Attribution Management: Credit Crisis
One Size Doesn't Fit All
The only way to get at this type of information is by doing holdout tests, according to industry experts. A holdout test is when a retailer takes a segment of its customers, doesn't mail them a catalog and watches the results. "By not mailing a catalog or an email campaign, you truly learn whether these vehicles cause orders to happen," says Kevin Hillstrom, president at database marketing consultancy MineThatData. However, "most marketers aren't willing to do holdout tests" for fear of losing revenue, he continues.
Testing needs to be ongoing, too. "Testing for a month usually doesn't uncover what you're looking for," says Bessin. Any initial testing should last through one selling season, and follow-up testing has to be done because both marketing strategies and customer preferences change.
Because of the perceived complexity of attribution management, many retailers are hoping someone will come up with a one-size-fits-all formula for questions such as "How big a role does my catalog play in website sales?" This isn't likely to happen. "Not only does the degree of channel interaction vary widely for every different advertiser, but the type of interaction varies tremendously as well," explains Michie, about why coming up with one overarching formula to answer these questions isn't possible. "Every company is different, and you really have to be careful about applying generalities across different businesses," agrees Bessin.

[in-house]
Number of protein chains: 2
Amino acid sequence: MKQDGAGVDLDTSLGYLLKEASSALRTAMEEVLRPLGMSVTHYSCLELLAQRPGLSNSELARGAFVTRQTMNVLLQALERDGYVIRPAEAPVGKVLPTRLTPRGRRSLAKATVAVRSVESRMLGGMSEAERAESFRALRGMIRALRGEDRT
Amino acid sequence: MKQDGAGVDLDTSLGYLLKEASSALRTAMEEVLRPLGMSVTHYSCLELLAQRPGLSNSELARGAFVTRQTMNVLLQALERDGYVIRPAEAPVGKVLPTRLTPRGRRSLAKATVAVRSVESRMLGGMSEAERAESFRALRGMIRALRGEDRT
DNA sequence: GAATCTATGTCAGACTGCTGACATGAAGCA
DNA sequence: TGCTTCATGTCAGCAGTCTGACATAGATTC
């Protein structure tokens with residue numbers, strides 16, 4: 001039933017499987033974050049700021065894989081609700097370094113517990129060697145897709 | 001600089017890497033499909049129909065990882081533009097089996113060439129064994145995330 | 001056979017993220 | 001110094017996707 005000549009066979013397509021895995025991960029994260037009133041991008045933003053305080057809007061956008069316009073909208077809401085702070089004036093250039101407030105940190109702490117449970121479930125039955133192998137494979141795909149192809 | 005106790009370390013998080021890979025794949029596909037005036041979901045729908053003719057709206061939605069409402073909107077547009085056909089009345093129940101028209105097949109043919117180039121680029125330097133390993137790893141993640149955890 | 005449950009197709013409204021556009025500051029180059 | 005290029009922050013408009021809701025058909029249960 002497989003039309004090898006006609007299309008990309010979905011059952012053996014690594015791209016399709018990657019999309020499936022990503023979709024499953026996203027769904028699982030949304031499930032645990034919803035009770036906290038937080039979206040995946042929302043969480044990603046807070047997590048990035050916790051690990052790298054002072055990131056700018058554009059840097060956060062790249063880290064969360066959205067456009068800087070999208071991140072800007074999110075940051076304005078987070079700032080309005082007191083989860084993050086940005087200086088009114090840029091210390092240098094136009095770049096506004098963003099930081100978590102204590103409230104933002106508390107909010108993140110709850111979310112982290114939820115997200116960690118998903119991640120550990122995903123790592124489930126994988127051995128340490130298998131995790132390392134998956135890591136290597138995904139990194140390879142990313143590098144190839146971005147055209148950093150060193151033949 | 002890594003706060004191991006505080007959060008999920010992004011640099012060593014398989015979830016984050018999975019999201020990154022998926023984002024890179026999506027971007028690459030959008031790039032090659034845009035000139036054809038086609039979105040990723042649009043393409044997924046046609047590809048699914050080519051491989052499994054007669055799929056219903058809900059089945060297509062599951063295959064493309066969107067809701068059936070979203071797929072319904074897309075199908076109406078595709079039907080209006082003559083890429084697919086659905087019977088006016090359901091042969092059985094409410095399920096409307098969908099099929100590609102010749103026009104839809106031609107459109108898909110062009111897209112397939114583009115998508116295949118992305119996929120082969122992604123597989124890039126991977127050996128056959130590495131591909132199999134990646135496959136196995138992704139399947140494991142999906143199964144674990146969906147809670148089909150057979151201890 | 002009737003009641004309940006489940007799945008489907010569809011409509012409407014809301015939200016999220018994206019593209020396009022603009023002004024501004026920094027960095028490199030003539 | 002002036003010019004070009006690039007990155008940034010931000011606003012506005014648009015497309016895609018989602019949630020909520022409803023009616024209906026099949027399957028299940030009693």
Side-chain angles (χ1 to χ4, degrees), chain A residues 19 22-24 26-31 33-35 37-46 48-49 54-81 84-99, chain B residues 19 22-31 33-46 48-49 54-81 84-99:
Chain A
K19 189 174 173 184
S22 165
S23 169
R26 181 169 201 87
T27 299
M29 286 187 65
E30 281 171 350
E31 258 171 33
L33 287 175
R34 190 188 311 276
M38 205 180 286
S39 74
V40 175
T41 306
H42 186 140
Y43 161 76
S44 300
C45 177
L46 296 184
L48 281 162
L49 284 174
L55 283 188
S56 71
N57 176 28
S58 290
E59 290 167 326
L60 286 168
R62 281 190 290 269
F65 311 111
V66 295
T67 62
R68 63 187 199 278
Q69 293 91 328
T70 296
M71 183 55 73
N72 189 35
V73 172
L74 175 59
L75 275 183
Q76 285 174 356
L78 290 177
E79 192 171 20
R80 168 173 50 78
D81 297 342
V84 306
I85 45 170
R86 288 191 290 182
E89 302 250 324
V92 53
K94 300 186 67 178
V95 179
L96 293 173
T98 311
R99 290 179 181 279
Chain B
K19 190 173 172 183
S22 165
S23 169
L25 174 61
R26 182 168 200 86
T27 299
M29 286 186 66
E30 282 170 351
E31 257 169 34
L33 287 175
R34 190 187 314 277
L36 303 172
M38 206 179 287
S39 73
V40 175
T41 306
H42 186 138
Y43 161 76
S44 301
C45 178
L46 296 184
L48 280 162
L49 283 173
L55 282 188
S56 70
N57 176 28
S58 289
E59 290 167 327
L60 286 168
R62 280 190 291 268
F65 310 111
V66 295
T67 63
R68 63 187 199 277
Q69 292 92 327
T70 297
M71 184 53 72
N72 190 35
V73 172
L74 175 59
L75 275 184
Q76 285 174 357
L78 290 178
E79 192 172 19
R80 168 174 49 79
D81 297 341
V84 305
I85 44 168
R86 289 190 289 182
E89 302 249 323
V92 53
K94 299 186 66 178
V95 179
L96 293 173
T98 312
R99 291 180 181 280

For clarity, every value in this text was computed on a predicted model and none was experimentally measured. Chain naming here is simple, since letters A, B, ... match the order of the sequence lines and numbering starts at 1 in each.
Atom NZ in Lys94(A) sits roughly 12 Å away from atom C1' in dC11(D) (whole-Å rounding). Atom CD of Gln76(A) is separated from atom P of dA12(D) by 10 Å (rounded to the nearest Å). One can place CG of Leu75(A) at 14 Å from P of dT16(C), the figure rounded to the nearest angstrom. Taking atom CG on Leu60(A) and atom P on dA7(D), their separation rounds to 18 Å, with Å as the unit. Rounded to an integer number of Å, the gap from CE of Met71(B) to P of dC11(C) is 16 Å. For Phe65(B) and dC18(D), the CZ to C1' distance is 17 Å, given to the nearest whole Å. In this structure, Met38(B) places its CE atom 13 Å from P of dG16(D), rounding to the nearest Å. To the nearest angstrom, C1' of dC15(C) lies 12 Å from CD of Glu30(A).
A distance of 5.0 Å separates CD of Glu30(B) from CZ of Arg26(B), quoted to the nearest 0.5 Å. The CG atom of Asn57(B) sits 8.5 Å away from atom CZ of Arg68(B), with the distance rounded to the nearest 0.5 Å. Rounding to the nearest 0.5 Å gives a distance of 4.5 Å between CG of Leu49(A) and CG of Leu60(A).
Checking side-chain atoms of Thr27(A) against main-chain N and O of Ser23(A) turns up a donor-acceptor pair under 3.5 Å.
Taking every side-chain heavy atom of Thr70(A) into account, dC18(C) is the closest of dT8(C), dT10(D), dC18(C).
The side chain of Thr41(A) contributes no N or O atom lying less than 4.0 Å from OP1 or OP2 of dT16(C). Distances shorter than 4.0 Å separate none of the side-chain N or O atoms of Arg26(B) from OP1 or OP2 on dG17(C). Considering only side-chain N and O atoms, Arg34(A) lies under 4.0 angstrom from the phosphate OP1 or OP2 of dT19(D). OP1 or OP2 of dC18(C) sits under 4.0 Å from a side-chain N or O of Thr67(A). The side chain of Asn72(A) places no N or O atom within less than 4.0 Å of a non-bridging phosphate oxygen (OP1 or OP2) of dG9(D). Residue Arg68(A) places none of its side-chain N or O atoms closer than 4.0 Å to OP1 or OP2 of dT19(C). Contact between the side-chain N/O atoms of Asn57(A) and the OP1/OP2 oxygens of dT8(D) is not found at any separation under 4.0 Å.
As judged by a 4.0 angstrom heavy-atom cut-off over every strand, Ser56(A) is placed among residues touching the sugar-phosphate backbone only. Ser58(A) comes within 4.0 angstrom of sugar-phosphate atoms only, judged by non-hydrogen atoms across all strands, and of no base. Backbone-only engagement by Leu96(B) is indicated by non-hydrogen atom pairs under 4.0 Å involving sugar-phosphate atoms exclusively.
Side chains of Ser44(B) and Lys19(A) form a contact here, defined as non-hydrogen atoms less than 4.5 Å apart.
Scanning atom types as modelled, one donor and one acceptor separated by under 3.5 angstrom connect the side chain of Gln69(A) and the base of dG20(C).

Edelman agrees that retailers have to continually test their assumptions when it comes to allocating orders correctly. He's currently planning some follow-up tests to see how factors such as The Wine Enthusiast's new coupon website and social media activities are impacting where the brand's orders are coming from.
"The landscape is always changing, and we have to adapt," says Edelman. But, "as there are more marketing channels becoming available, it becomes that much more imperative to have accurate attribution data," he continues, "in order to know how your marketing activity is changing customer behavior."